The Slow Torture of Mary Weiss


Last week I got an email from Mike Howard.  It had been sent at 3:56 am.  “Sorry for this email, but Mary suffered another stroke last evening.  I’m heading down to the hospital now again.”

I wish I could say this came as a shock.  But to be honest, I can’t.  How anyone can survive the kind of psychological torture Mary Weiss has been forced to endure I don’t know.  Mary is the mother of Dan Markingson, who died in an unethical research study at the University of Minnesota.  When I think of Mary, I think of the Book of Job.  I think of God making a deal with the university.  You can take away her child.  Let him commit suicide.  Hide the facts.  Deny responsibility.  Refuse to investigate. Tell people that her son’s suicide was her fault.  File a legal action against her demanding money that she does not have, just to intimidate her.  See exactly how much she can stand, then torture her some more.

When I first met Mary, five years ago, she was a strong, determined, very angry woman.  It was the fall of 2008 at the Coffee News Café in St. Paul; I remember she was wearing an Obama campaign button on her sweater.  But everything changed sixteen months ago when she suffered a severe stroke.She has fought back hard to recover, but the road hasn’t been easy. It seems as if a month doesn’t pass without Mike calling the paramedics, or rushing her to the doctor, or taking her to the emergency room. This recent stroke was the most severe setback in a while. Mary has been in the hospital for twelve days.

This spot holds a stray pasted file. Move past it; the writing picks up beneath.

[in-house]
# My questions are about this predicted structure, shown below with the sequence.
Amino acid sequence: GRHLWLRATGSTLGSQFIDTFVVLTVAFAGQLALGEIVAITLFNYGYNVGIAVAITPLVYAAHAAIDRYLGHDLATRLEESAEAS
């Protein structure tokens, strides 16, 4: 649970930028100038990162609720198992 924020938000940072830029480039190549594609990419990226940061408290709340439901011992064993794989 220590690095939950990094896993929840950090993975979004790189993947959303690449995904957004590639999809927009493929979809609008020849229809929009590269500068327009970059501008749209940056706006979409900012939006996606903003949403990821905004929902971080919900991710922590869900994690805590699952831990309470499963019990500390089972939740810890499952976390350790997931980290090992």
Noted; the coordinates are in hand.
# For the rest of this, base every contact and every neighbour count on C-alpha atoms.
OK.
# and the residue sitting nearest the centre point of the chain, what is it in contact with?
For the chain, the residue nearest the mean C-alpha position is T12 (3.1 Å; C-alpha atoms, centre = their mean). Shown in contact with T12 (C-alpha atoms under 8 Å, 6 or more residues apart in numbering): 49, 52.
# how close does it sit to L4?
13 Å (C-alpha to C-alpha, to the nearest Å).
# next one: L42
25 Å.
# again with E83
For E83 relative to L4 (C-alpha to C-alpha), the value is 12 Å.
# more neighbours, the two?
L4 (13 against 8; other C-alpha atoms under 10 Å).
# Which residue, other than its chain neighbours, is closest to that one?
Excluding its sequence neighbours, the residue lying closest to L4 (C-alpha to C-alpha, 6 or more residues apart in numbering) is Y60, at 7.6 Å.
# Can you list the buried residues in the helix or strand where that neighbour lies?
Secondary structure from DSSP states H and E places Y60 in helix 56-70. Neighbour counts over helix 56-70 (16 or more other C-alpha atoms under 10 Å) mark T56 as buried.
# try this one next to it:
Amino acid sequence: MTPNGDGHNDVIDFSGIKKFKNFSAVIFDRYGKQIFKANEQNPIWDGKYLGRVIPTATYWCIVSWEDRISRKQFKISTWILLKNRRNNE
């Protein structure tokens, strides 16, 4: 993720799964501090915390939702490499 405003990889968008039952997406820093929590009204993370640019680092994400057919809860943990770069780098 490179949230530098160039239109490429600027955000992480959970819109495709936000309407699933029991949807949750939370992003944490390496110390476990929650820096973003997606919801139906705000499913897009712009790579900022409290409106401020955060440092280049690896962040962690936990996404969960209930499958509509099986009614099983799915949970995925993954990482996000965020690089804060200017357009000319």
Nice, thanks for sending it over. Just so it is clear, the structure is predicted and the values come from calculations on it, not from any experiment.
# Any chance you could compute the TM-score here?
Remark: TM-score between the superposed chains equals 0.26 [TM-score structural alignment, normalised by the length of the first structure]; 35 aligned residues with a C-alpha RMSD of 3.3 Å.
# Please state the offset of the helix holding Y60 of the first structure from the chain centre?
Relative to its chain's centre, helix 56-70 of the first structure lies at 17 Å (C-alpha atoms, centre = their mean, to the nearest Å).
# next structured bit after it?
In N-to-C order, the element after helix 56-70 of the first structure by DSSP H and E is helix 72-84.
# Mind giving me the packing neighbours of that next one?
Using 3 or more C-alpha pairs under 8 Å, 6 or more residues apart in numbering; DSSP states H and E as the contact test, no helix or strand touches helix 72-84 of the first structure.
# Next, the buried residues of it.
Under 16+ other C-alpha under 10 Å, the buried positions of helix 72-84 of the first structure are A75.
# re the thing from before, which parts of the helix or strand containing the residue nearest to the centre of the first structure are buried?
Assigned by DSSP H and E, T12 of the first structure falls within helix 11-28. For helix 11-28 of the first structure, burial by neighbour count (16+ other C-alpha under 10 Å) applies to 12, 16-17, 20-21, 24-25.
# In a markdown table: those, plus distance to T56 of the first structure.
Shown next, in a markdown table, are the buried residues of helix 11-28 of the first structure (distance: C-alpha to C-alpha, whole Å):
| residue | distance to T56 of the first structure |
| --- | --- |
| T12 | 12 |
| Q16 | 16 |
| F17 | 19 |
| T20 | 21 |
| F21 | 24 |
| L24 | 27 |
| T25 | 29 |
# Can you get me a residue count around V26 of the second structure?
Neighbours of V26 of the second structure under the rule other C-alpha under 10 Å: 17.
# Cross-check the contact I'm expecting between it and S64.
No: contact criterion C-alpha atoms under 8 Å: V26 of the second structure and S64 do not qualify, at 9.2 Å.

Fighting the University of Minnesota may have been the right thing for Mary to do – in fact, it may well have been the only thing to do – but it has taken a vicious toll on her health.  I don’t think anyone who has not gone through such a battle can understand the kind of emotional exhaustion it involves. Your days cycle between gnawing anxiety and futile rage. Your thoughts grow narrow and obsessive. You struggle to sleep, but when you do, you are tormented by nightmares.  Occasionally you are given slivers of hope – if not, it probably would be impossible to keep going – but they are rare.  Even the people who support you say you are being eaten up from the inside.